template <class I>
I swirl(I f, I l) {
reverse(f, l);
auto m = next(f, distance(f, l) / 2);
if (m == l) return m;
rotate(f, m, next(m));
return m;
}
} // namespace v1
```

**Homework:** Implement `swirl`

with the minimum number of moves

`partition`

&`stable_partition`

*Predicate permutations* use a predicate function to determine ordering. These algorithms partition the set into two sets. A *stable partition* algorithm preserves the relative order of the elements in each set.

`sort`

,`stable_sort`

, &`partial_sort`

`nth_element`

`make_heap`

*Comparison permutations* use a comparison function to map an ordering of the values to an ordering of their position

- Comparison function is required to be a
*strict-weak ordering*:

\begin{align} (a & \nprec a). && \text{(Irreflexivity)} \\ (a & \prec b) \wedge (b \prec c) \implies a \prec c. && \text {(Transitivity)} \\ (a & \equiv b) \wedge (b \equiv c) \implies a \equiv c. && \text {(Equivalence Transitivity)}\\ \end{align}An ordering relation, $\prec$, is a

strict-weakordering iff

Where $a$ and $b$, are

equivalent, $\equiv$, iff $(a \nprec b) \wedge (b \nprec a)$.

- The default is to use
`operator<()`

- On a type, the expectation is that
`operator<()`

is a*total ordering*- Which is consistent with other operations on the type

A

total orderingis a strict-weak ordering where the defined equivalence is equality

`operator<()`

is not defined on`std::complex<>`

because there is no definition consistent with multiplication- For example, both $i > 0$ and $i < 0$ imply that $0 < i^2$, however, $i^2 = -1$

- Despite
`nan`

values, both`float`

and`double`

are totally-ordered because`nan`

is explicitly outside the value domain for floating point types`nan`

is*not a number*

- A floating point object containing
`nan`

is partially formed - Don't try and sort a sequence containing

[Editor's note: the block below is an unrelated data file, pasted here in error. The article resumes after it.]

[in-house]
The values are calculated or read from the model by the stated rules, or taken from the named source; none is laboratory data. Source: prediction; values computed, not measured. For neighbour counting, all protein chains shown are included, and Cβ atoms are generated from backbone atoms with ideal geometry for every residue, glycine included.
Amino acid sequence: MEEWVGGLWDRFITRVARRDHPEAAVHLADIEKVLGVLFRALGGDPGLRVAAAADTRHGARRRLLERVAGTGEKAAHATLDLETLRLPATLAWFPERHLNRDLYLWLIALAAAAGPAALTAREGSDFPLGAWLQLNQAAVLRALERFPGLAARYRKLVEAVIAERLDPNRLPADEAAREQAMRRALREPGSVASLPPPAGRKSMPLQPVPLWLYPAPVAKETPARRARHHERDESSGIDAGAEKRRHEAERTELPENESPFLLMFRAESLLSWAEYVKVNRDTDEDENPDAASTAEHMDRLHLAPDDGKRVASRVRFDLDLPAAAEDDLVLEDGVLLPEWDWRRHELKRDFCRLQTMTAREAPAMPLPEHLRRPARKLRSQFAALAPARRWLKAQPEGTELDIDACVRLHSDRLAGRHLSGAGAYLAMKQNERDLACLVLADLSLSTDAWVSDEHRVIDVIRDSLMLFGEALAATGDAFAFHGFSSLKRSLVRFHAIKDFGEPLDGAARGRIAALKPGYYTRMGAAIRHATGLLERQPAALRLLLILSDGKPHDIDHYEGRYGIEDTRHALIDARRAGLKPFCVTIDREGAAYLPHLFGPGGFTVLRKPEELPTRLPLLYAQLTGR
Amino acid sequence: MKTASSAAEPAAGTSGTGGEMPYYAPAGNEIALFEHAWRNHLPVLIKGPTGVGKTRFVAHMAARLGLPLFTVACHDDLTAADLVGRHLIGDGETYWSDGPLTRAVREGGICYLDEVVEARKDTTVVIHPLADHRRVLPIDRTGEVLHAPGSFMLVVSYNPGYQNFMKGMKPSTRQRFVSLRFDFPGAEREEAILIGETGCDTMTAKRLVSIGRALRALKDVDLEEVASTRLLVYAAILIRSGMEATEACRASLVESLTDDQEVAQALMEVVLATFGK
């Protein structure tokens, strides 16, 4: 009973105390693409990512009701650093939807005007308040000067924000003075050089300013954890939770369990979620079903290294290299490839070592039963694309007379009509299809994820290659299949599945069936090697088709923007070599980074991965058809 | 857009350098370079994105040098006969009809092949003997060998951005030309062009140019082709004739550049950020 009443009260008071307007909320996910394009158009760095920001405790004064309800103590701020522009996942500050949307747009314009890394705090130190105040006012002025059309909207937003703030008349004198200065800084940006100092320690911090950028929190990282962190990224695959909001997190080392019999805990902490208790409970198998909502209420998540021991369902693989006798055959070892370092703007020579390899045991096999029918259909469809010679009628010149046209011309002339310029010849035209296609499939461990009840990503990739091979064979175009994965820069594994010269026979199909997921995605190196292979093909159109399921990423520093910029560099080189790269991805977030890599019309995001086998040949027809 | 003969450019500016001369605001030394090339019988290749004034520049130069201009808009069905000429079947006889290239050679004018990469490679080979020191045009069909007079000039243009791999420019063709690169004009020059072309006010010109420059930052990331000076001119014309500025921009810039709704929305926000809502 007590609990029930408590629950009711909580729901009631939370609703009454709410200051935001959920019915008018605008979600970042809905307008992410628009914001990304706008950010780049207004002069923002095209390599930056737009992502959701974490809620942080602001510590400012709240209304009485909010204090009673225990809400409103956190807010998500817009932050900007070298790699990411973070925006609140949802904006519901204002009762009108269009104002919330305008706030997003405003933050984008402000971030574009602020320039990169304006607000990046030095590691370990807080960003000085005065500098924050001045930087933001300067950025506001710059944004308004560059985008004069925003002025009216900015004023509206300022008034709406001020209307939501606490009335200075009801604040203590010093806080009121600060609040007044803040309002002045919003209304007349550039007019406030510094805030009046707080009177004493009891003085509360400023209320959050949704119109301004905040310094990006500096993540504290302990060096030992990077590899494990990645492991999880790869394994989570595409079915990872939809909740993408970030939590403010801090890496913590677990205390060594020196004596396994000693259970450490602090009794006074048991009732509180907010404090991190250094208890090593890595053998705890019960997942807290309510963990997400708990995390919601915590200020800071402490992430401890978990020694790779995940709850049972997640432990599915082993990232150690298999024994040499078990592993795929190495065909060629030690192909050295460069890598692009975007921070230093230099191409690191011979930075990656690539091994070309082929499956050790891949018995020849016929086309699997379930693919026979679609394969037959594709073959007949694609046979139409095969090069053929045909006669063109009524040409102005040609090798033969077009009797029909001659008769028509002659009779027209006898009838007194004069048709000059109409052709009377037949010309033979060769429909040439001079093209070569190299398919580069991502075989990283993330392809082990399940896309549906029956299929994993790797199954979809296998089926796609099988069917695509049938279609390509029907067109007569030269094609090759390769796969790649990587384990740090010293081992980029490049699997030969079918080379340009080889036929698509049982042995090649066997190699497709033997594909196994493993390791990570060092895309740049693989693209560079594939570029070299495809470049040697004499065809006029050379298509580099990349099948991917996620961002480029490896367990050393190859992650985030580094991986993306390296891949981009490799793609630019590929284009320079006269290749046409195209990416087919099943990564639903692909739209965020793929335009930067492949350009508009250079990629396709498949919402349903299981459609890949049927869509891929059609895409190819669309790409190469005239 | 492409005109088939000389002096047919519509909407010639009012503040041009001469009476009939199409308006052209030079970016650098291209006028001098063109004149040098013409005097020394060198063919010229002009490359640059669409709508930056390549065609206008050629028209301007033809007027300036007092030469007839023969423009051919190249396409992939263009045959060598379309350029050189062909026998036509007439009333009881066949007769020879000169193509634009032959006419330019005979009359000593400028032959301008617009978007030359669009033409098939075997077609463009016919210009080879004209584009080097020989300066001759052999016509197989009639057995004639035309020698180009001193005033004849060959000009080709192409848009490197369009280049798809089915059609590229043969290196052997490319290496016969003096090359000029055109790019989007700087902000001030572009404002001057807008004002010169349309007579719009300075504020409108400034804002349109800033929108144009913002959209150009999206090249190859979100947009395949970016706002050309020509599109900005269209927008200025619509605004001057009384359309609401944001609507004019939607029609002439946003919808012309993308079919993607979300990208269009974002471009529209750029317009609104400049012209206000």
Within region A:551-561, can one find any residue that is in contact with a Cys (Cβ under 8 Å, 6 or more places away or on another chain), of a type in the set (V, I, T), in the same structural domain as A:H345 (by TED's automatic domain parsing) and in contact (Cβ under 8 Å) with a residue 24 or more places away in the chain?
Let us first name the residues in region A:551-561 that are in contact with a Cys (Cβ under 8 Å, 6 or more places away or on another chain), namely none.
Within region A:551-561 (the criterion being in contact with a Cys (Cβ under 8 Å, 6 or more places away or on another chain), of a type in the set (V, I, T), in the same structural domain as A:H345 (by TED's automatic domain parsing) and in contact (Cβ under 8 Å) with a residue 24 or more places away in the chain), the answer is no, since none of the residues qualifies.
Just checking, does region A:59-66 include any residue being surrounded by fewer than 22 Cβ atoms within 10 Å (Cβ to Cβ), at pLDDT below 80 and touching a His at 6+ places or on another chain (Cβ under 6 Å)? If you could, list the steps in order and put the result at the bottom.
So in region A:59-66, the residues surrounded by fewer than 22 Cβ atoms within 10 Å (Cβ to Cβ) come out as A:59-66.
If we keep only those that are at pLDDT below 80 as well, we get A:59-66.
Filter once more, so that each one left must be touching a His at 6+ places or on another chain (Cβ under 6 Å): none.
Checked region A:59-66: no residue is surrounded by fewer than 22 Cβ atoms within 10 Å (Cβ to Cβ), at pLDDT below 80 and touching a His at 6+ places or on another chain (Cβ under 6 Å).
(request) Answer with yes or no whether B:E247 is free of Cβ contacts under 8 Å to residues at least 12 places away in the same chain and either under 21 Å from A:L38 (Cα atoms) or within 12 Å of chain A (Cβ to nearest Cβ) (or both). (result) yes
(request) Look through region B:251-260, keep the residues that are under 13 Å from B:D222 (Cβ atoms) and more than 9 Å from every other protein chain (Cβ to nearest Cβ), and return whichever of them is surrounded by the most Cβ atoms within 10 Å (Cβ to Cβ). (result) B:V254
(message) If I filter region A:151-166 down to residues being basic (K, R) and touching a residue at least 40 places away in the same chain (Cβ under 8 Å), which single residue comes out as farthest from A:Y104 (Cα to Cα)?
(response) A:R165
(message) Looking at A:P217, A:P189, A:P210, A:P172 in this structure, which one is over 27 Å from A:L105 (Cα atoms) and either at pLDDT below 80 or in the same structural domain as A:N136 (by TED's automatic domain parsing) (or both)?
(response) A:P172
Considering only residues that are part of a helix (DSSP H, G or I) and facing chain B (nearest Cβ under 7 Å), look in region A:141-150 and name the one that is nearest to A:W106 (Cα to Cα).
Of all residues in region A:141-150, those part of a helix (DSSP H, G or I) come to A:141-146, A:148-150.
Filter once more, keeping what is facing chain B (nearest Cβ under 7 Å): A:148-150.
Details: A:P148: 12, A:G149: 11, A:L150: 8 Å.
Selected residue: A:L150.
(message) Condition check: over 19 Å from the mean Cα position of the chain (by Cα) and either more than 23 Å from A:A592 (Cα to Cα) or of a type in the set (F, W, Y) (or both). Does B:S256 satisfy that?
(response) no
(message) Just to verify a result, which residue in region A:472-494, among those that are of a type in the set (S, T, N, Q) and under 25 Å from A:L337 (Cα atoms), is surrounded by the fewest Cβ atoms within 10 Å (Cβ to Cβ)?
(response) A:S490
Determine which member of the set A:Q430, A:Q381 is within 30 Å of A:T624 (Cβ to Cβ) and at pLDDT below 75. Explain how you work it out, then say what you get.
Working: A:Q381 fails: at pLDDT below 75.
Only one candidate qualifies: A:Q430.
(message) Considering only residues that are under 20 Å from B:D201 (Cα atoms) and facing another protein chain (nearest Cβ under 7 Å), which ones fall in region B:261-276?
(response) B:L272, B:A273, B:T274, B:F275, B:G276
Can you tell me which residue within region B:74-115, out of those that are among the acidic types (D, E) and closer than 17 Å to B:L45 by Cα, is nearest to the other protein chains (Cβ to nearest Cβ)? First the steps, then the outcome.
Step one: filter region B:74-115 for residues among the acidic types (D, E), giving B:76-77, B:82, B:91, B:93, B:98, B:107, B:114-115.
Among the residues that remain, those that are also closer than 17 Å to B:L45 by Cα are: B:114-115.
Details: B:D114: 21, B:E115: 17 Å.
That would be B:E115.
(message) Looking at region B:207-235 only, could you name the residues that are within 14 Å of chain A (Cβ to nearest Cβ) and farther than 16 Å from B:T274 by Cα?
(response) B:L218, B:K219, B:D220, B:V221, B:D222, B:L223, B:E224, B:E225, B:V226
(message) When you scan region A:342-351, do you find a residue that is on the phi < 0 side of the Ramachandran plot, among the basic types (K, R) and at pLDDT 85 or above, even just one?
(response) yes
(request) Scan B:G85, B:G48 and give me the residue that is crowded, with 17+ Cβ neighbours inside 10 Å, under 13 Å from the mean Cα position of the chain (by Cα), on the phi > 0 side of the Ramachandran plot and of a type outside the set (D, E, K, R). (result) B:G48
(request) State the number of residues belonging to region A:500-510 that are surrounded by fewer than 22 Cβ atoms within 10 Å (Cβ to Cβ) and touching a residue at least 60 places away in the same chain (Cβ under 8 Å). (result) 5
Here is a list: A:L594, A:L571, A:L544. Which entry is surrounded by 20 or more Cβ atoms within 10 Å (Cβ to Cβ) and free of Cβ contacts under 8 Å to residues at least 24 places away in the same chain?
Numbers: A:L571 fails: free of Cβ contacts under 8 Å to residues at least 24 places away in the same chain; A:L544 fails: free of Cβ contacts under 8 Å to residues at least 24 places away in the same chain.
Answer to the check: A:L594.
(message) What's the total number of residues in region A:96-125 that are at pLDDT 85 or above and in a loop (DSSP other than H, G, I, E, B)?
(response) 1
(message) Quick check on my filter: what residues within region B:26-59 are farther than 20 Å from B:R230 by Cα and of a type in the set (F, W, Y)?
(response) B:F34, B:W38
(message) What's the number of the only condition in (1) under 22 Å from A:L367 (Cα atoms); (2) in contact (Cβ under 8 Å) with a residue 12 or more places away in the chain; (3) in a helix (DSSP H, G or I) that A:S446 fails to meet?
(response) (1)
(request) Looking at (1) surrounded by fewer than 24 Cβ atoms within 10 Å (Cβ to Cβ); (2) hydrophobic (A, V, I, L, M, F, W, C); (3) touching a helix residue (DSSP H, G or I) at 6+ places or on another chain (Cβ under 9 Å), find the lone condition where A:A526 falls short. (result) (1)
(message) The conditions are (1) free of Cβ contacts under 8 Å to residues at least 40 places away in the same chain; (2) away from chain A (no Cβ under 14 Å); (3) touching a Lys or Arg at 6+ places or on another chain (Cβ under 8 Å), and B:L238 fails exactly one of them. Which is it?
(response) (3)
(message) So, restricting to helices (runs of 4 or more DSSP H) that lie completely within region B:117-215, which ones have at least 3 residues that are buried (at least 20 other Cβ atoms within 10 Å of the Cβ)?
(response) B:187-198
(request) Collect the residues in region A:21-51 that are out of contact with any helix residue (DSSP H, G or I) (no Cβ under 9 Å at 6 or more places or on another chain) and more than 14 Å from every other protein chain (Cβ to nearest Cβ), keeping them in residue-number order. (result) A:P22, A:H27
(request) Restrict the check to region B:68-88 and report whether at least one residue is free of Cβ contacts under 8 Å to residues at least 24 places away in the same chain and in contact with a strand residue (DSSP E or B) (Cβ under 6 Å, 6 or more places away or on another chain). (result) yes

`nan`

values with`operator<()`

- The result is UB and will likely crash

C++20 defines the ordering on floating-point types as a `std::partial_ordering`

because of `nan`

values. I find this complicates matters unnecessarily, and means the requirements of the comparison operator cannot be defined with a *concept* but require a precondition. See prior discussion of domain of an operation.

- The
`sort`

and`nth element`

operations establish a direct relationship between the order of elements and their position in the sequence. `make_heap`

orders the elements as a*max heap*

— By Ermishin - Own work, CC BY-SA 3.0

`make_heap`

, and the related heap operation are included in the standard library because they are used by`sort`

`sort`

in the standard library is an*introsort*, which is an introspective quicksort that switches to*heap sort*when the recursion depths exceeds a level $k \cdot log(n)$

`nth_element`

sorts a sequence*enough*so that the specified element is in the correct location- A postcondition of
`nth_element`

is that the sequence is partitions such that every element before the nth element is less than or equal to it, and every element after is greater than or equal.

- With
`nth_element`

and`partial_sort`

you can sort a subrange of a sequence as if the entire range where sorted - This has the same time complexity as a full sort, $n \cdot log(n)$, but can be considerably faster

- This is very useful when you want to sort a "window" view into a large sequence

```
template <class I> // I models RandomAccessIterator
void sort_subrange_0(I f, I l, I sf, I sl) {
std::sort(f, l);
}
template <class I> // I models RandomAccessIterator
void sort_subrange(I f, I l, I sf, I sl) {
if (f != sf && sf != l) {
std::nth_element(f, sf, l); // partition [f, l) at sf
++sf;
}
std::partial_sort(sf, sl, l);
}
```

`lower_bound`

,`upper_bound`

,`equal_range`

,`binary_search`

`merge`

`includes`

,`set_difference`

,`set_intersection`

,`set_symmetric_difference`

,`set_union`

`lower_bound`

should is the most commonly used way to do a binary search for an element in a sequence

```
{
int a[]{ 0, 1, 2, 3, 3, 3, 4, 4, 5, 6 };
auto p = lower_bound(begin(a), end(a), 3);
display(a);
cout << string(distance(begin(a), p) * 3 + 1, ' ') << "^\n";
}
```

- The range algorithms in C++20 contain projection arguments

```
{
struct employee {
string _first;
string _last;
};
employee a[]{{"Joe", "Zimmer"}, {"Frank", "Berse"}};
sort(begin(a), end(a), [](const employee& a, const employee& b) {
return a._last < b._last;
});
auto p = lower_bound(begin(a), end(a), "Zimmer"s, [](const employee& a, const string& b) {
return a._last < b;
});
display(p->_first);
}
```

```
{
struct employee {
string _first;
string _last;
};
employee a[]{{"Joe", "Zimmer"}, {"Frank", "Berse"}};
ranges::sort(a, less<>(), &employee::_last);
auto p = ranges::lower_bound(a, "Zimmer"s, less<>(), &employee::_last);
display(p->_first);
}
```

```
"Joe"
```

`make_heap`

,`push_heap`

,`pop_heap`

,`sort_heap`

`priority_queue`

**Exercise:** Create a `priority_queue`

of `my_type`

.

- Can you move out the top element?

**Exercise:** Create a new `priority_queue`

adapter that supports move using the heap operations.